These Tender Photos Capture Queer Culture In America's Deep South (NSFW)

"I grew up in a religious household – my mother was raised in the Sanctified Holy Church and my father was raised Southern Baptist. As a result of the beliefs I had been taught since birth, I did not feel comfortable coming out as queer until I was 21 years old," says photographer Peyton Fulford, now 24, about the motivation behind her project Infinite Tenderness. "This photo series came to fruition around the same time, so I publicly came out when I started sharing this project online."

Fulford grew up in Albany, Georgia, in the Bible Belt of America's deep south. "It was difficult to navigate the space I was growing up in because I could not relate to it or understand my place within it. I never felt like my truest, most open self when conforming to the culture and ideologies around me," she remembers. "I realised later on in my life that I was repressing many parts of my identity just to stay safe and not be ridiculed for who I really was."

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In 2016, inspired by those early experiences, she began using her camera to explore intimacy and identity within the LGBTQ+ community in the American south; the camera became a tool that enabled her to connect with people and access spaces that she hadn’t the courage to before. "I was still in my undergrad programme for photography and started this ongoing project with the intention to create an accepting space for queer kids growing up in small towns and rural areas. Most of the people I started photographing were close friends or people I admired from a distance, who inspired me with how open they were about their identities." For Fulford, the ever-growing constellation of pictures she has taken for Infinite Tenderness is a visual representation of youth across America, and one she’ll keep adding to as the years unfold.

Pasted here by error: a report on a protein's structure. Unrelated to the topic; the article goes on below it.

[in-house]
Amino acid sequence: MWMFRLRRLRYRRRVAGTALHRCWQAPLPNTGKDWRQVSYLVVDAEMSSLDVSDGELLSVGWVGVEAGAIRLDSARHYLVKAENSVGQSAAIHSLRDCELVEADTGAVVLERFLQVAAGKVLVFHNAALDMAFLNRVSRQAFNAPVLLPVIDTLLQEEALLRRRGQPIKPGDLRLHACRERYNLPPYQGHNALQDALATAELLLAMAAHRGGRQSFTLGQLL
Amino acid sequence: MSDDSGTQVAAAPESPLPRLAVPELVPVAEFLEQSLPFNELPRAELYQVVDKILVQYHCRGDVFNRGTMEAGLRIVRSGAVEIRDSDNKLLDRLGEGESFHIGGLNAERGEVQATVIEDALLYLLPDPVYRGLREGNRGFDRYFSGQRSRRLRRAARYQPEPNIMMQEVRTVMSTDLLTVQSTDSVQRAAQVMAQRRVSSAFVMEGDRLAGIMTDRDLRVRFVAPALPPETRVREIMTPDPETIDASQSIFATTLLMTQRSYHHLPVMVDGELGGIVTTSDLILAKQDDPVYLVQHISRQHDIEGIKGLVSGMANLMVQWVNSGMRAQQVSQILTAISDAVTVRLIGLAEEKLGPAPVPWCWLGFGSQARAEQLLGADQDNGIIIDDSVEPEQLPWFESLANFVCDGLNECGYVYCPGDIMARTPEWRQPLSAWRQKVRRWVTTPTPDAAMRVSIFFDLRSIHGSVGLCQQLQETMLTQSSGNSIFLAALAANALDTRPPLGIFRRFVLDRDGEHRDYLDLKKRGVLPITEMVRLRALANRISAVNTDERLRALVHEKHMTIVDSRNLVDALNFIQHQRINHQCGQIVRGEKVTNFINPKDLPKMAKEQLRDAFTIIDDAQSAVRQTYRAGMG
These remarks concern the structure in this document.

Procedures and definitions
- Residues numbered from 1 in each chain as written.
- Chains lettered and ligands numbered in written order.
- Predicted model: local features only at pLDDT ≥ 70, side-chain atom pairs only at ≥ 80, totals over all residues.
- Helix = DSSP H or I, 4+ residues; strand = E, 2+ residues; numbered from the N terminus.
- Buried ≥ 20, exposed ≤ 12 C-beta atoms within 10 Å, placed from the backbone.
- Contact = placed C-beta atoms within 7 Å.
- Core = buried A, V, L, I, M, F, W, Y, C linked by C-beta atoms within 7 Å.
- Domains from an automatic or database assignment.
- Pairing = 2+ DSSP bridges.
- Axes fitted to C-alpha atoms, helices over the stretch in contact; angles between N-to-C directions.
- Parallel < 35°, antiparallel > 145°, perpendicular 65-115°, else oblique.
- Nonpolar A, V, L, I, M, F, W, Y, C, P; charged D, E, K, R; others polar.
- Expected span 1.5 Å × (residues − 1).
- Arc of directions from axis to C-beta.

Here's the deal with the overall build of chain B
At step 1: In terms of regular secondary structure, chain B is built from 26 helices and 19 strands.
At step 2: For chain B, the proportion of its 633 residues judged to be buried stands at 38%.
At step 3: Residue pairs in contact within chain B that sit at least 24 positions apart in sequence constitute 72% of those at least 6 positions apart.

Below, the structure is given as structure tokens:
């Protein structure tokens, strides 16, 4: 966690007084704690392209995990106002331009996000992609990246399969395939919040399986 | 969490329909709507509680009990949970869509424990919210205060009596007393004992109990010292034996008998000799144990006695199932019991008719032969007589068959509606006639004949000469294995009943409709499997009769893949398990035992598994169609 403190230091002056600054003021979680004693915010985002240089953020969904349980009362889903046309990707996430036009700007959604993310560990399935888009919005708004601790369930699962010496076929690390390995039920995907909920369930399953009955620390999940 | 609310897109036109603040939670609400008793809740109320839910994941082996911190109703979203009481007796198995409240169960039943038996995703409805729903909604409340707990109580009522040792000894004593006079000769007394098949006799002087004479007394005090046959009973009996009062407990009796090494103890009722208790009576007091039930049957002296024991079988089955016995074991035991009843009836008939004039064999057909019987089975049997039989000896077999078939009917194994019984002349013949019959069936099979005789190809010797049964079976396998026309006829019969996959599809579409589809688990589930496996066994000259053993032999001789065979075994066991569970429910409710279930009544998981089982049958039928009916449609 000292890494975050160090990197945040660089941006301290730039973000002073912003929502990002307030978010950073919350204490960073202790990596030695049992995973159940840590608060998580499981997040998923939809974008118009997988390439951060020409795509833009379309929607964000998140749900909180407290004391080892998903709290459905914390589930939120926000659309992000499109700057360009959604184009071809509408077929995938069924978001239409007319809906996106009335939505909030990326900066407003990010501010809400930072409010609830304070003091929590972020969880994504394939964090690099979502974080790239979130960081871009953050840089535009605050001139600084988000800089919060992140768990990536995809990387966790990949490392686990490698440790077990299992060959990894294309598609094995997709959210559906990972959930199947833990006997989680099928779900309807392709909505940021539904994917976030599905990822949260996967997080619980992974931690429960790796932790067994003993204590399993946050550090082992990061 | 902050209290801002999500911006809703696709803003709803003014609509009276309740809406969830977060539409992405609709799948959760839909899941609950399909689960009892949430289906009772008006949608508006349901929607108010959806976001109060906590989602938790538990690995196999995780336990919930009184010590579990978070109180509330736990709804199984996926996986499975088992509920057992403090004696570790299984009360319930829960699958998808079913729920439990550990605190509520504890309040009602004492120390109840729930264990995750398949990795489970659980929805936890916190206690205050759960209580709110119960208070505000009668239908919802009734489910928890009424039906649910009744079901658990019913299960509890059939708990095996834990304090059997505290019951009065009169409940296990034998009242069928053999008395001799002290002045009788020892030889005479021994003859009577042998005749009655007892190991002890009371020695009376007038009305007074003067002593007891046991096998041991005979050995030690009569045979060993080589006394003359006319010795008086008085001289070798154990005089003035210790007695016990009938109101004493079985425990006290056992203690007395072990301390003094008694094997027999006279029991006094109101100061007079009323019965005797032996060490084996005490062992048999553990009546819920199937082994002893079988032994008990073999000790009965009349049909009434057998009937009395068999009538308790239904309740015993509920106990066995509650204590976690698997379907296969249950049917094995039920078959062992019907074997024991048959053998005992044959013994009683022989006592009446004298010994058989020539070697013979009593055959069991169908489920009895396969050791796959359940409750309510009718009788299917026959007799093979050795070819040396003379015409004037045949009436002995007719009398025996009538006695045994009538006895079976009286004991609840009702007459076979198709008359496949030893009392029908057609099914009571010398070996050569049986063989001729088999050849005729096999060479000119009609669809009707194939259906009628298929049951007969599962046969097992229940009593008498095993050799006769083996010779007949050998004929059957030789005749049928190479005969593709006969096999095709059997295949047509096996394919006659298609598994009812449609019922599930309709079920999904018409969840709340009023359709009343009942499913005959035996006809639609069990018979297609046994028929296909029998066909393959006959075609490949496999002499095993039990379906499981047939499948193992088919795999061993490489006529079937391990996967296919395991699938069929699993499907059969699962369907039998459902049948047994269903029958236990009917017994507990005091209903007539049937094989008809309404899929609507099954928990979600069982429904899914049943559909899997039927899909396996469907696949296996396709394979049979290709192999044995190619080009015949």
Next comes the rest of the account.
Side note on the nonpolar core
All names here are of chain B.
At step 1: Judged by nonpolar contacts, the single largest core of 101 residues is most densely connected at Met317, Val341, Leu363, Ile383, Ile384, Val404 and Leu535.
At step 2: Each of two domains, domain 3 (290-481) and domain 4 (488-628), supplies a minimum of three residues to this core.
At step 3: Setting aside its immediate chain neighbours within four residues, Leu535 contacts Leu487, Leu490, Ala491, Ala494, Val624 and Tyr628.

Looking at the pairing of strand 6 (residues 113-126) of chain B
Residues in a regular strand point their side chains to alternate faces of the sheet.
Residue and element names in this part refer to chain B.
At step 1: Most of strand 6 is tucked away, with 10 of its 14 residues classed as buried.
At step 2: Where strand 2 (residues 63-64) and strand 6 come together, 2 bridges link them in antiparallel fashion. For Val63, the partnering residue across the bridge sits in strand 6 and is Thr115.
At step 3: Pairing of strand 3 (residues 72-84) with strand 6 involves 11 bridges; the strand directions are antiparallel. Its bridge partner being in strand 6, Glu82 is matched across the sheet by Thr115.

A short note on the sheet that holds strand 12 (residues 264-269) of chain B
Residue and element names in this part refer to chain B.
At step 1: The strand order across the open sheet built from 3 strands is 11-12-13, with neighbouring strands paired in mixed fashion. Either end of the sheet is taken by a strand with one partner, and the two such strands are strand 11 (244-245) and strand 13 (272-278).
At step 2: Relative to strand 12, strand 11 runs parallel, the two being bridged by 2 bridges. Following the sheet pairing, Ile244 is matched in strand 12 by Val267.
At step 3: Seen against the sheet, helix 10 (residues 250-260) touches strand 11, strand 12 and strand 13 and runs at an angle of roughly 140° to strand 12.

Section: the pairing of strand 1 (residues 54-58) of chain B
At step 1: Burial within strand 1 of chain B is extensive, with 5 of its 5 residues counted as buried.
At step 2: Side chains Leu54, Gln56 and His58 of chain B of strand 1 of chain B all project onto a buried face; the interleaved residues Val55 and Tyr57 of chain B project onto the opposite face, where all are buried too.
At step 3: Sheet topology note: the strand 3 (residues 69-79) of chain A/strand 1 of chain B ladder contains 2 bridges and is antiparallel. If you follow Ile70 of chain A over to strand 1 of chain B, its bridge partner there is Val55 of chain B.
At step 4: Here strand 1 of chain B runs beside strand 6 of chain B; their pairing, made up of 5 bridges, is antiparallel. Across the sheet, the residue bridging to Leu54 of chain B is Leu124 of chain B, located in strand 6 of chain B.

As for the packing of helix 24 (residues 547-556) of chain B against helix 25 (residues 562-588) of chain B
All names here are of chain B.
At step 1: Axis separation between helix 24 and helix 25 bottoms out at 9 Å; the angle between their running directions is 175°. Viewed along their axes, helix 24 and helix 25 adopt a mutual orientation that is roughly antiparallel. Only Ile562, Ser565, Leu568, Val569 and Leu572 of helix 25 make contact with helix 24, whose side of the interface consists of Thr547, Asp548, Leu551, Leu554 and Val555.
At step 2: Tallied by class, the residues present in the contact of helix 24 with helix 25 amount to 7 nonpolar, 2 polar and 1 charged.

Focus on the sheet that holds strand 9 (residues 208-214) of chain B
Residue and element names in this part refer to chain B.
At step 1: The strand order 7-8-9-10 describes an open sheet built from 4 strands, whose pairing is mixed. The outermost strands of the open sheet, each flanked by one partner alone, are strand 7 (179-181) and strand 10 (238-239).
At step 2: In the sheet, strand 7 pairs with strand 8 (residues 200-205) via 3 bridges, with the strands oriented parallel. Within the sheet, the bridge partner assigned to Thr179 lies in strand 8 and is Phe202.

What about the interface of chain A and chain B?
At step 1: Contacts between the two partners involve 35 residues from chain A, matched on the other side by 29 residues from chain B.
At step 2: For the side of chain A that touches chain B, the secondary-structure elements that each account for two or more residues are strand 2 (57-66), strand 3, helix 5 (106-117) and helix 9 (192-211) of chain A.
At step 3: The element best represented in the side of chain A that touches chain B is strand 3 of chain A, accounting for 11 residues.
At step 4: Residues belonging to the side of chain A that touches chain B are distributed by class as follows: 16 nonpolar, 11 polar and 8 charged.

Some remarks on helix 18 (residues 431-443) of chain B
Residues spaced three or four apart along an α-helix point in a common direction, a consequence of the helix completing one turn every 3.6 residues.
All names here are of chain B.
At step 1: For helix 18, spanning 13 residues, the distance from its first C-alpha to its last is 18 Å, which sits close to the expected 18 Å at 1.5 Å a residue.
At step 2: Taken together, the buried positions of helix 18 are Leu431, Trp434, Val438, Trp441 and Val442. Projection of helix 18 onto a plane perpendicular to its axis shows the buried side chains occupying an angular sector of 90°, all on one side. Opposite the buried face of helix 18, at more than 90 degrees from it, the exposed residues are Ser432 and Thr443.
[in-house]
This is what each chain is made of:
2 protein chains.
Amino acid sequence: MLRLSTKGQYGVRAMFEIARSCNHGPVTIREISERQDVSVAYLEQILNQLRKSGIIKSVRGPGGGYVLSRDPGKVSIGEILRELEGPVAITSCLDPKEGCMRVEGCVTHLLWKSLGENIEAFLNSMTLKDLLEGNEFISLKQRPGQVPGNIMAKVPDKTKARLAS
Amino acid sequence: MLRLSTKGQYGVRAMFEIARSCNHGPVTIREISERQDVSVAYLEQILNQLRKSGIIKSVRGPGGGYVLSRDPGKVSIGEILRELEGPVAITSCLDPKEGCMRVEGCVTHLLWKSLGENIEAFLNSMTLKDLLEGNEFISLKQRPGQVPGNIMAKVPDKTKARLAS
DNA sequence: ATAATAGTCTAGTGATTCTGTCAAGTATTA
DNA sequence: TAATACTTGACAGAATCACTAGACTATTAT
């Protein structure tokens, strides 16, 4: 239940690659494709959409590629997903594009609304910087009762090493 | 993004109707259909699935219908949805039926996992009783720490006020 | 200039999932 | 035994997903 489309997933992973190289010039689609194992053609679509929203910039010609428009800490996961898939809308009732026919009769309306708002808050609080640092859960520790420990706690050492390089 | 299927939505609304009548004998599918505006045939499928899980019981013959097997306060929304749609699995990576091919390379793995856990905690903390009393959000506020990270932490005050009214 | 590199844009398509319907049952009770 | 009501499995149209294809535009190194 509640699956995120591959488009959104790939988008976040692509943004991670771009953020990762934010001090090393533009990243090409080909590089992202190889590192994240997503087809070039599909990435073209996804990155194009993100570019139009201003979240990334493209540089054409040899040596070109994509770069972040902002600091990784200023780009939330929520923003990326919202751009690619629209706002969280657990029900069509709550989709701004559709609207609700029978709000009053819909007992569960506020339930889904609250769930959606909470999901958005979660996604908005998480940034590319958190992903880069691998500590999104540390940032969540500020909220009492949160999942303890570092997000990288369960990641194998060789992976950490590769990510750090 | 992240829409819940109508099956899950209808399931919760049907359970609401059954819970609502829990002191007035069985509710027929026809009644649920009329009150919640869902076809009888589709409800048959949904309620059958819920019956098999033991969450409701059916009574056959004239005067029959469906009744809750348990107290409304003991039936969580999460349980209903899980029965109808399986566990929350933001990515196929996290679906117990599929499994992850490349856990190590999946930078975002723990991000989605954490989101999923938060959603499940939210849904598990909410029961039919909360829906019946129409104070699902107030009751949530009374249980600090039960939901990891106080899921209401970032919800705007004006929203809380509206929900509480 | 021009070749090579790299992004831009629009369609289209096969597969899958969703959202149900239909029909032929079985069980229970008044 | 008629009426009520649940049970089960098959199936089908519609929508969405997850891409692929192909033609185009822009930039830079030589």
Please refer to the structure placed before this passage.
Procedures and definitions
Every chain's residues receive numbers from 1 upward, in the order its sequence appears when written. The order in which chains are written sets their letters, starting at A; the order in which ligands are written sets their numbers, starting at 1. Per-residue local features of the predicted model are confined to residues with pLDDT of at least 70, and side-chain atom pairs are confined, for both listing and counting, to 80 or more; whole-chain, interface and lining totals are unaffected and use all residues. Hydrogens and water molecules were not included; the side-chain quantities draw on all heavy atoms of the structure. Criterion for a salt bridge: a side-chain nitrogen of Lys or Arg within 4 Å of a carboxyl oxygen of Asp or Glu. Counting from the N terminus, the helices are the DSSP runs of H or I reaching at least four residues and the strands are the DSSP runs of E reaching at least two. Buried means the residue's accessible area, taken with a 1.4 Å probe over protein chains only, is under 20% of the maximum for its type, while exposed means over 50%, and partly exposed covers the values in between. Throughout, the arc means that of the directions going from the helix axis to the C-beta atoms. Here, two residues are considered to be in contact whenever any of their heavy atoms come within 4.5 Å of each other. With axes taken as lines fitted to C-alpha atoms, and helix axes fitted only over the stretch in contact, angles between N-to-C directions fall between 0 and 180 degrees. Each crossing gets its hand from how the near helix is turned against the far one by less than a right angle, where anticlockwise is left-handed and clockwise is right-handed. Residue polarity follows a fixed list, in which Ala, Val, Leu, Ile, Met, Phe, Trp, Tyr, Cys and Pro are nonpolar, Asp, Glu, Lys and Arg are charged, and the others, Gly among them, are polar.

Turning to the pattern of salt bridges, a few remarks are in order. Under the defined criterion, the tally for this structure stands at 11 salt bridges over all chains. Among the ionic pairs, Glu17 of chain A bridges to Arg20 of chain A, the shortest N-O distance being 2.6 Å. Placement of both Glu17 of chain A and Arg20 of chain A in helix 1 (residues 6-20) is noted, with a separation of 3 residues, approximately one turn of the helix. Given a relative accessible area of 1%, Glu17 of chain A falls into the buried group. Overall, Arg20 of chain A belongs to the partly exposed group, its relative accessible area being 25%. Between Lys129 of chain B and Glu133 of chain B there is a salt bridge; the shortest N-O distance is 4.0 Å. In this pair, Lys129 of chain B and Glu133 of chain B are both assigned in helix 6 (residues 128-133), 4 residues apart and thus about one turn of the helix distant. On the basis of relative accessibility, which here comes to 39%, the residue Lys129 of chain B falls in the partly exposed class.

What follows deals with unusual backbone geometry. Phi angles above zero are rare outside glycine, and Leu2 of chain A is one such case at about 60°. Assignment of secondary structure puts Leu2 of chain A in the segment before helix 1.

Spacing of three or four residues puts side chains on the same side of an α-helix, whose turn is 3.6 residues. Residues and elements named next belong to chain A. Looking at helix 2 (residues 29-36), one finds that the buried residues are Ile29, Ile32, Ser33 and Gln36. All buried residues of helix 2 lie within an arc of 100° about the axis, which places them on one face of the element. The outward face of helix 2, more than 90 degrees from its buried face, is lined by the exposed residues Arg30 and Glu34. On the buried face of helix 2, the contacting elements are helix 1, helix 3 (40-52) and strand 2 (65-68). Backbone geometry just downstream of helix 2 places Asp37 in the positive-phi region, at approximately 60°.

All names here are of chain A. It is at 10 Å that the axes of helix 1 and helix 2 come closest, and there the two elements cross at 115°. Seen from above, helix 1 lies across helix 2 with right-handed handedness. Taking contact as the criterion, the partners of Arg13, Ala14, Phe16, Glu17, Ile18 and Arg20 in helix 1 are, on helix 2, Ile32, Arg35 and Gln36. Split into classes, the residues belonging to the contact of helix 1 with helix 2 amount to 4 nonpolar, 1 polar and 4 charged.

Fulford has remained in her home state and now lives in Atlanta. In 2017, she received a BFA in photography from Columbus State University. Here, she shares a selection of the pictures she’s taken across the years, and talks about the sense of belonging that unites them all.

Photographed by Peyton Fulford.
"Many of the people I photograph for Infinite Tenderness I have never met prior to shooting. Usually the shooting process unfolds organically – if it is a group, I will hang out and observe how they interact with one another. Once I see a moment, I will pause and create a picture or stage a similar set-up later referring to the original encounter. Whoever is in front of the lens, it is important that I consider the presence of the camera in the space and we all reflect a sense of respect towards one another."
Photographed by Peyton Fulford.
"The title Infinite Tenderness is part of the quote, 'I have infinite tenderness for you. I always will. My whole life,' from the film Blue Is The Warmest Colour which I watched in my early years of college. The story really resonated with me during that time because I was exploring my identity and longing for a sense of connection. I began creating these images as a way to document a memory of a person during a specific moment and to further capture their physical and emotional changes over time. No matter how much or how little someone transforms themselves, they will have these images to look back on and see how far they have come."
Photographed by Peyton Fulford.
Fulford says she was initially inspired by a group of queer people in Athens, Georgia, who she had either heard of through Instagram or met briefly at parties there. "At the time, I was more of an outsider and observed the scene more than actually being a part of it. It was my first time being around individuals that were fiercely open about who they are. I did not grow up in a town where it was safe to flaunt your LGBTQ+ identity so this newfound freedom was what drew me to these people."